“Heir to the Kingdom” continues! Last month Thunderman viciously attacked Superman, and this month the second chapter picks up where the first left off. Can Batman and Superman save Thunderman, or has Thunderman gone to the dark side completely? And what happens when Batman and Superman run into their Kingdom Come counterparts? Last but not least, does the creative team deliver? Let’s have a look.
What I like about this arc, so far, is that it fleshes out the world of Kingdom Come beyond the original comic, since we get to see events that happened several years prior to the original story. However, at the same time the creative team doesn’t seem to fully commit to that yet, since issue #21 is almost entirely a fight comic. As a result, there’s not as much room for plot development, character development or world building as I would like.
That isn’t necessarily a bad thing, of course. Mora and Bonvillain—like always—fire on all cylinders as they render these fight scenes. I particularly love the speed lines that Mora draws to indicate just how hard the two Batmen are striking at each other, and the impact of Thunderman’s powers as well as the strikes of each Superman are literally earth-shattering. To really sell a superhero fight comic, these are exactly the type of visuals, executed at a high level like this, that the comic requires. Mora’s clean and clear page layouts and Bonvillain’s rich colors allow us to read the action sequences with ease, as every panel just flows into the next. When it comes to fight comics, I can be easily bored, but Mora and Bonvillain know how to deliver a true spectacle!
Yet, pitting different versions of the same character against each other, to me, is one of the most played-out and uninteresting concepts that any writer could come up with. Fortunately, the reason why these characters fight makes sense within the context of the story. Everyone involved cares about David/Thunderman: Main Supes and Bats are there to find him and bring him back to their own universe, whereas KC Supes and Bats want to protect their friend from these otherworldly invaders. The characters having well-defined motivations for fighting saves this comic from devolving into mandatory fisticuffs for the sake of it.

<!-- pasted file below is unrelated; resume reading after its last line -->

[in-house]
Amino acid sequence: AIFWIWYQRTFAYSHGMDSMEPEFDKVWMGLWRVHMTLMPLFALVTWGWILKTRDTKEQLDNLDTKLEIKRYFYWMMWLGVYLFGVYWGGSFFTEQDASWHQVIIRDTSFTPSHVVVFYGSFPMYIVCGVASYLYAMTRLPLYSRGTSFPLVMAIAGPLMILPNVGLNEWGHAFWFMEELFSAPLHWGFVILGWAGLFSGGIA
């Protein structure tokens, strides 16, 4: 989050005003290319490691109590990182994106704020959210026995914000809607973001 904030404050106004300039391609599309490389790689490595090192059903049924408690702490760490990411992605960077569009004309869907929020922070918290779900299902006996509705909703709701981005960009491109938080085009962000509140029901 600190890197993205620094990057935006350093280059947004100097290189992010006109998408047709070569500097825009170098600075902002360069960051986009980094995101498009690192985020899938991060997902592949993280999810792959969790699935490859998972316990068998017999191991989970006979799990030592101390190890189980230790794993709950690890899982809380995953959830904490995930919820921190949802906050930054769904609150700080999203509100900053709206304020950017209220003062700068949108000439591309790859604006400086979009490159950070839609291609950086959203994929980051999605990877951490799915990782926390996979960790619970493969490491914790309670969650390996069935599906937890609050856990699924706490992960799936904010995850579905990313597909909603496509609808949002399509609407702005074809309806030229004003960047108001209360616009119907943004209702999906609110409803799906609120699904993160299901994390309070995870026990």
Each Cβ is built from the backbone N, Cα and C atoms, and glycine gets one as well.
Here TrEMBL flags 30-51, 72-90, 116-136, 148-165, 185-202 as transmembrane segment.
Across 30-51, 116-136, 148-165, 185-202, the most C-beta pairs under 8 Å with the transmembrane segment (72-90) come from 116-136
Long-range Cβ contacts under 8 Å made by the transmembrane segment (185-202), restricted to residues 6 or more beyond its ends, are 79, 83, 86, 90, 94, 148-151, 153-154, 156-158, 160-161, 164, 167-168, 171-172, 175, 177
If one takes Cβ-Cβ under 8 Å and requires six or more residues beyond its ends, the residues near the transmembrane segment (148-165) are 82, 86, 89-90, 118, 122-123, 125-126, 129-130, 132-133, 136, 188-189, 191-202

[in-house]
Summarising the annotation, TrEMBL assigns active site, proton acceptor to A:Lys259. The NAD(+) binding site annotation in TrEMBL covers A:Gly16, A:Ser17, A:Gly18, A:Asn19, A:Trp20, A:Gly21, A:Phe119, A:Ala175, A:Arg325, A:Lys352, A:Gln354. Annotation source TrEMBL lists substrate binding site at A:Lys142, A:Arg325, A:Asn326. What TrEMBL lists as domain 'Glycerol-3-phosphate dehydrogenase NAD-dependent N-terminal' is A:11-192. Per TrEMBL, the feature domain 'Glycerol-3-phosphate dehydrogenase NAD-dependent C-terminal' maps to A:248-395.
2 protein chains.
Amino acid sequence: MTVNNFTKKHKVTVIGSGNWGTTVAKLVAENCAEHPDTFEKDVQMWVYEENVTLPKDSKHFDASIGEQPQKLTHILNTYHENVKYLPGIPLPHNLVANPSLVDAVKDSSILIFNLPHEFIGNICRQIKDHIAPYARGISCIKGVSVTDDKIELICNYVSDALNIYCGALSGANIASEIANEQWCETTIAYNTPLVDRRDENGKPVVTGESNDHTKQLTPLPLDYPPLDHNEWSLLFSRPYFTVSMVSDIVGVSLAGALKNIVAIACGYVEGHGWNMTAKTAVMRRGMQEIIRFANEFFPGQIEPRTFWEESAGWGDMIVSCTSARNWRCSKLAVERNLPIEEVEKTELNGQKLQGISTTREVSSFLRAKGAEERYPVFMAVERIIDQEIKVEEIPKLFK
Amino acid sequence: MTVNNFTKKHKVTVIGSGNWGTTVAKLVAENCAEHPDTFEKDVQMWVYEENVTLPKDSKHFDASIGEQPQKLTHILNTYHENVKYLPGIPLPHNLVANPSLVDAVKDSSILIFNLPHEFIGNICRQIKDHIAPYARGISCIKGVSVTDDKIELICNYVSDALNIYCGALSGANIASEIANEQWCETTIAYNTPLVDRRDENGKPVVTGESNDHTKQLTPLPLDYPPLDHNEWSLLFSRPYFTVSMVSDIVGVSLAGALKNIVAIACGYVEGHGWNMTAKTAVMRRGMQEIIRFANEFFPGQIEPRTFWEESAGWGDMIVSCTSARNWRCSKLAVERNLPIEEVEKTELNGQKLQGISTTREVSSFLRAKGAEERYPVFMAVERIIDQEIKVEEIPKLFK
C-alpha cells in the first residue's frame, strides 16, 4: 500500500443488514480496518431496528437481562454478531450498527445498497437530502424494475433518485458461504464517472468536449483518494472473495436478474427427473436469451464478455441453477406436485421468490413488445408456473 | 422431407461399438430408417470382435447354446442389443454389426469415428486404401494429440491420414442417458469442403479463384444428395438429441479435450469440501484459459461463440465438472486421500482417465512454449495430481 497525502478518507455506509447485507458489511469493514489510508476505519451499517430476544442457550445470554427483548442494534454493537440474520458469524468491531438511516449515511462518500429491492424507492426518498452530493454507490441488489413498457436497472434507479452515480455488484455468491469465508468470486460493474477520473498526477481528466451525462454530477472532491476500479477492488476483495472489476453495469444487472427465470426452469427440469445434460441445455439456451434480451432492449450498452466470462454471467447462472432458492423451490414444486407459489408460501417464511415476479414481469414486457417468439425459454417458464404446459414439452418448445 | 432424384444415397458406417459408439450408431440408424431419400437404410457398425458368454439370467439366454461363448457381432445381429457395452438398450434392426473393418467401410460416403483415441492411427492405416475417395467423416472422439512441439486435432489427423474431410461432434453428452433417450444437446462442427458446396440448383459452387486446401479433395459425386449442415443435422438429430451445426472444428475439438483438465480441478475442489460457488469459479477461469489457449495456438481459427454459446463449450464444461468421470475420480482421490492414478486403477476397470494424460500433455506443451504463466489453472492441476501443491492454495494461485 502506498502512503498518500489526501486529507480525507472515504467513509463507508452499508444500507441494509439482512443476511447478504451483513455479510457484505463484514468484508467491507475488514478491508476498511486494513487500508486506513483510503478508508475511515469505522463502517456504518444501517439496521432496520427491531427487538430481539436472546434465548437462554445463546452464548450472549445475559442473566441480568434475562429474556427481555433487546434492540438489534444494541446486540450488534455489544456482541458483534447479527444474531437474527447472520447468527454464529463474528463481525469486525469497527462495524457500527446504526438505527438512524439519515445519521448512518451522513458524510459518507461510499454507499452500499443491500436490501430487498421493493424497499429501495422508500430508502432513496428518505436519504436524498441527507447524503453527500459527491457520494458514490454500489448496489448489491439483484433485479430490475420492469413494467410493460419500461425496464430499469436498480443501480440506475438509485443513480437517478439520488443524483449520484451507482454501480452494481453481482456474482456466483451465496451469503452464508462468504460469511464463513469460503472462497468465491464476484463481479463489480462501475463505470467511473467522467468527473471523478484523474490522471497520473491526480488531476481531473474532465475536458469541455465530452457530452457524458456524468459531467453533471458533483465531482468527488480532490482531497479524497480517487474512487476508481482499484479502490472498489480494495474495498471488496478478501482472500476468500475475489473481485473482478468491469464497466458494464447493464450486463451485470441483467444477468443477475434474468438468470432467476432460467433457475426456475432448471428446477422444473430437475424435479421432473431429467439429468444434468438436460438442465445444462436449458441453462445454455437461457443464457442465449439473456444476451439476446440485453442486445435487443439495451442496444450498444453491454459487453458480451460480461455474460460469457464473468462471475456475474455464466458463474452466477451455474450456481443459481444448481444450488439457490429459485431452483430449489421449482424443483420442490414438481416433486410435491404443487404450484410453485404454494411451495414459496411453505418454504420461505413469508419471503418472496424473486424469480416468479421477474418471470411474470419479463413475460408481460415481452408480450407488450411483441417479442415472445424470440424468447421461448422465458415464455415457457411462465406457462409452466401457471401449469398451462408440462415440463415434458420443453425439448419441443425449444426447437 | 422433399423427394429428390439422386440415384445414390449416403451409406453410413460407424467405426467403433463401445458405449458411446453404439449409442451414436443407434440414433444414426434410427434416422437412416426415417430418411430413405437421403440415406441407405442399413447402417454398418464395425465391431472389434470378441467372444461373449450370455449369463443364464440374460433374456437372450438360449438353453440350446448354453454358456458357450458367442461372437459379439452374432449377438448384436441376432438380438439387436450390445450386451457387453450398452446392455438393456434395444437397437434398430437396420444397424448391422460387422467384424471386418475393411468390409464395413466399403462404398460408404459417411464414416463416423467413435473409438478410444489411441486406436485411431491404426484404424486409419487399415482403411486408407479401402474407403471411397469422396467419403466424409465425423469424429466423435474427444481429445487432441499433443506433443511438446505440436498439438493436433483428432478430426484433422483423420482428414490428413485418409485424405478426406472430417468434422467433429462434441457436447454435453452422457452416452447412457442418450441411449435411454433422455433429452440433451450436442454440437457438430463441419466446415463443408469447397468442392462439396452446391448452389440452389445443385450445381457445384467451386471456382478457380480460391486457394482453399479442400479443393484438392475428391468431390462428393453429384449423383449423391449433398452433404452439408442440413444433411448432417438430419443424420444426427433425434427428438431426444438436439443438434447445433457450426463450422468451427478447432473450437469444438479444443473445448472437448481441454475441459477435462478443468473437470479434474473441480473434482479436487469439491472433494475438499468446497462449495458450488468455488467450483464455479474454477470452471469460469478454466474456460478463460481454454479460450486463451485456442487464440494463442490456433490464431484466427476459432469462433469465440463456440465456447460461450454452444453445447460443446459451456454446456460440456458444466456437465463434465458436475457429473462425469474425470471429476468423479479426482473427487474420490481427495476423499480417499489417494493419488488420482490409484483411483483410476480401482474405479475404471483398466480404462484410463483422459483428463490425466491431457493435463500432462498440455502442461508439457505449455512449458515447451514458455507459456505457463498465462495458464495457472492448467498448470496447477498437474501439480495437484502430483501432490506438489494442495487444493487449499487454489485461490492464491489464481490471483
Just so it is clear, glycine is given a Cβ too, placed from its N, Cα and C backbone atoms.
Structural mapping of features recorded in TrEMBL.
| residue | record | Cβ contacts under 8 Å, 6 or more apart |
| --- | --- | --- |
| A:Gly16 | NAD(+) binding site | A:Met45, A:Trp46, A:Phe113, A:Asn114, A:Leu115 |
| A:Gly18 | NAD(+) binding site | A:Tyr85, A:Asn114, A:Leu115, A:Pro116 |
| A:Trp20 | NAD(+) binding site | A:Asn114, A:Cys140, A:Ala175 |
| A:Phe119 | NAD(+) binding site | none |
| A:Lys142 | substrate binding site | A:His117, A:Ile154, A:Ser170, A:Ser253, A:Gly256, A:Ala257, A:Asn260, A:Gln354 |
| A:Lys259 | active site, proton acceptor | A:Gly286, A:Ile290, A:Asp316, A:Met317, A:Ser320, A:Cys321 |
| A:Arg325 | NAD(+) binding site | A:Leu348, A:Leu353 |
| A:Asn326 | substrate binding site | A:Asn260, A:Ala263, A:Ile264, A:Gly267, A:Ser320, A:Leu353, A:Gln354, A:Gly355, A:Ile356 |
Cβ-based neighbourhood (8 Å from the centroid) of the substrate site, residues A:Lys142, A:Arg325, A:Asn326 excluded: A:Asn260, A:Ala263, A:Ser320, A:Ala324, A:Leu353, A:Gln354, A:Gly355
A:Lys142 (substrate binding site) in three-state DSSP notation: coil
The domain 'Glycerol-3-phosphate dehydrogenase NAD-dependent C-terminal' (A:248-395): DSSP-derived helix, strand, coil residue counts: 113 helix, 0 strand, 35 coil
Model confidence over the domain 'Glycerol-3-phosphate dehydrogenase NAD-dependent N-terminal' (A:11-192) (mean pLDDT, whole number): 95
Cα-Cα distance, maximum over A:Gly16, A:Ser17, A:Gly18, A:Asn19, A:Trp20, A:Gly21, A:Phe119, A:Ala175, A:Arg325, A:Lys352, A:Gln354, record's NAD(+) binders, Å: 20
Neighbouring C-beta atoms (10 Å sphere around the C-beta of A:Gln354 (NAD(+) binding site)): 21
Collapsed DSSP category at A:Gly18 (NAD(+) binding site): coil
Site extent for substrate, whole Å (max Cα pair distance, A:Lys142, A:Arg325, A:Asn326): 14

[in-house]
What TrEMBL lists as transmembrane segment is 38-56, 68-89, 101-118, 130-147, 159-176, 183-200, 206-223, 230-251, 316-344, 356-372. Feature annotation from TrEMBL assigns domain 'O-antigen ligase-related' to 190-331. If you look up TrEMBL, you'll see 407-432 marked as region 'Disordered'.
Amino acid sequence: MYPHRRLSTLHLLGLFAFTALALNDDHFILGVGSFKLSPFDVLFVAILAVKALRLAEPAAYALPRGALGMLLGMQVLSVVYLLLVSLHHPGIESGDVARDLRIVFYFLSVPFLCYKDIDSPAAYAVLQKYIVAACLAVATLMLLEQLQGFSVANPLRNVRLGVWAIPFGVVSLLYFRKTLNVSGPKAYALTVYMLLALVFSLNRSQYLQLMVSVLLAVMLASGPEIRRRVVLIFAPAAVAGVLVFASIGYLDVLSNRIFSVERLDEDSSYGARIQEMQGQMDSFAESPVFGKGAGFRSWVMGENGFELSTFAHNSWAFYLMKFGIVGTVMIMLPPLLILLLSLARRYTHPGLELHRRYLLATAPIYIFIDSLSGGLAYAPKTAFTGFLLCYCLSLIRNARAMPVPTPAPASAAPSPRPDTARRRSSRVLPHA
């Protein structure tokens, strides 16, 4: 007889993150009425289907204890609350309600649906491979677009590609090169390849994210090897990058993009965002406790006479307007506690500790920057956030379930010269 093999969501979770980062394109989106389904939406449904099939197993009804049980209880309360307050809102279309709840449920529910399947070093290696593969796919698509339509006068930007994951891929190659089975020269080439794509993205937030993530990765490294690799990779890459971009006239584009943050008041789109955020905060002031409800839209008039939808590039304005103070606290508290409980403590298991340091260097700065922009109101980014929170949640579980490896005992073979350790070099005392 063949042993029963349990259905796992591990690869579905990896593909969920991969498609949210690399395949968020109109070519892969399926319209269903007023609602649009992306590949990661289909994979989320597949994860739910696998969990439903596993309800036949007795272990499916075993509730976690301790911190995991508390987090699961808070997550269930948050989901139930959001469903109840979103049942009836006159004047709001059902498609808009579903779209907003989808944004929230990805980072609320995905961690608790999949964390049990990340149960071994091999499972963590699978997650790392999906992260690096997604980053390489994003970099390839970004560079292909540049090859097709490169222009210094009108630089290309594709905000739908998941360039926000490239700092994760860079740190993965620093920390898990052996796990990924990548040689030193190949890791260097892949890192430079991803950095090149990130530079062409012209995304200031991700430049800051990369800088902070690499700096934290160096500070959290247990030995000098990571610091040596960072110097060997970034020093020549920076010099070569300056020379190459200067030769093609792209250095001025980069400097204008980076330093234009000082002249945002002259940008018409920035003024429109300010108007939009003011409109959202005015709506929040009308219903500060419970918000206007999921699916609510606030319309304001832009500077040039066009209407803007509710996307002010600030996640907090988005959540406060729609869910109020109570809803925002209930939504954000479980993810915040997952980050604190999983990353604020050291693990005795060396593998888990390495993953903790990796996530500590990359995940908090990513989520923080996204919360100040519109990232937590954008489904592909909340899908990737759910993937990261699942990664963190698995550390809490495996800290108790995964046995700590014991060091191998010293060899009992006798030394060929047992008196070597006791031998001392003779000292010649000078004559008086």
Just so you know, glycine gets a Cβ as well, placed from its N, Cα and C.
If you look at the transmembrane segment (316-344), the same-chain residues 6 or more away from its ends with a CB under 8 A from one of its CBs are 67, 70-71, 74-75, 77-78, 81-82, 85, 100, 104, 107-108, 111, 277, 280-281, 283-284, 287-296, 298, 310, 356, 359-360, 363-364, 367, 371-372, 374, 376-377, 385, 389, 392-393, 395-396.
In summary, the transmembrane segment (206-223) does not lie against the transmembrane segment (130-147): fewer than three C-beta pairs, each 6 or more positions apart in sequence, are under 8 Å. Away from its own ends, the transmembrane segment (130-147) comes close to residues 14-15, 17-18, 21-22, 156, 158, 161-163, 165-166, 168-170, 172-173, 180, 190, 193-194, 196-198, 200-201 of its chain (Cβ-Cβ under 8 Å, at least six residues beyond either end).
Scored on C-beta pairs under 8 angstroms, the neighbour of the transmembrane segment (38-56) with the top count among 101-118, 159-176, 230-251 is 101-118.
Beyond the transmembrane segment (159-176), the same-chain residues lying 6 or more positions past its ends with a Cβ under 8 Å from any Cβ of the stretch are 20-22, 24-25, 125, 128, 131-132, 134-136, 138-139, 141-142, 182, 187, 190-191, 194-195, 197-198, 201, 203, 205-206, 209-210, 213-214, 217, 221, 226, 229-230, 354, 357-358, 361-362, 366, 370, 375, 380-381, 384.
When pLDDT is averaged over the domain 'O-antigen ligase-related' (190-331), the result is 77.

Other than that, it’s interesting that KC Bruce and Clark are still a lot like Main Bruce and Clark, but subtle differences make them stand out. The KC versions are both driven protectors, but they are misguided in that they don’t seem to realize that Thunderman is manipulating them. KC Bruce and Clark are also a lot more aggressive and ready to fight, whereas Main Bruce and Clark still try to reason with them and talk things out. It’s precise character writing in a fight comic, and I really appreciate that.
- You’re in the mood for a heavy-hitting superhero fight comic!
- Thunderman’s schemes intrigue you.
- You’re excited to see more of the world of Kingdom Come.
- Mora and Bonvillain forever!
Overall: It’s a pretty good comic, but I would have liked it if there was less emphasis on hero versus hero combat and more emphasis on the mystery surrounding Thunderman. That said, the art remains absolutely fantastic and the fight scenes are an incredible spectacle. Waid also writes strong characters with clear motivations and voices, which makes this more than a mere fight comic. Recommended!
Disclaimer: DC Comics provided Batman News with a copy of this comic for the purpose of this review.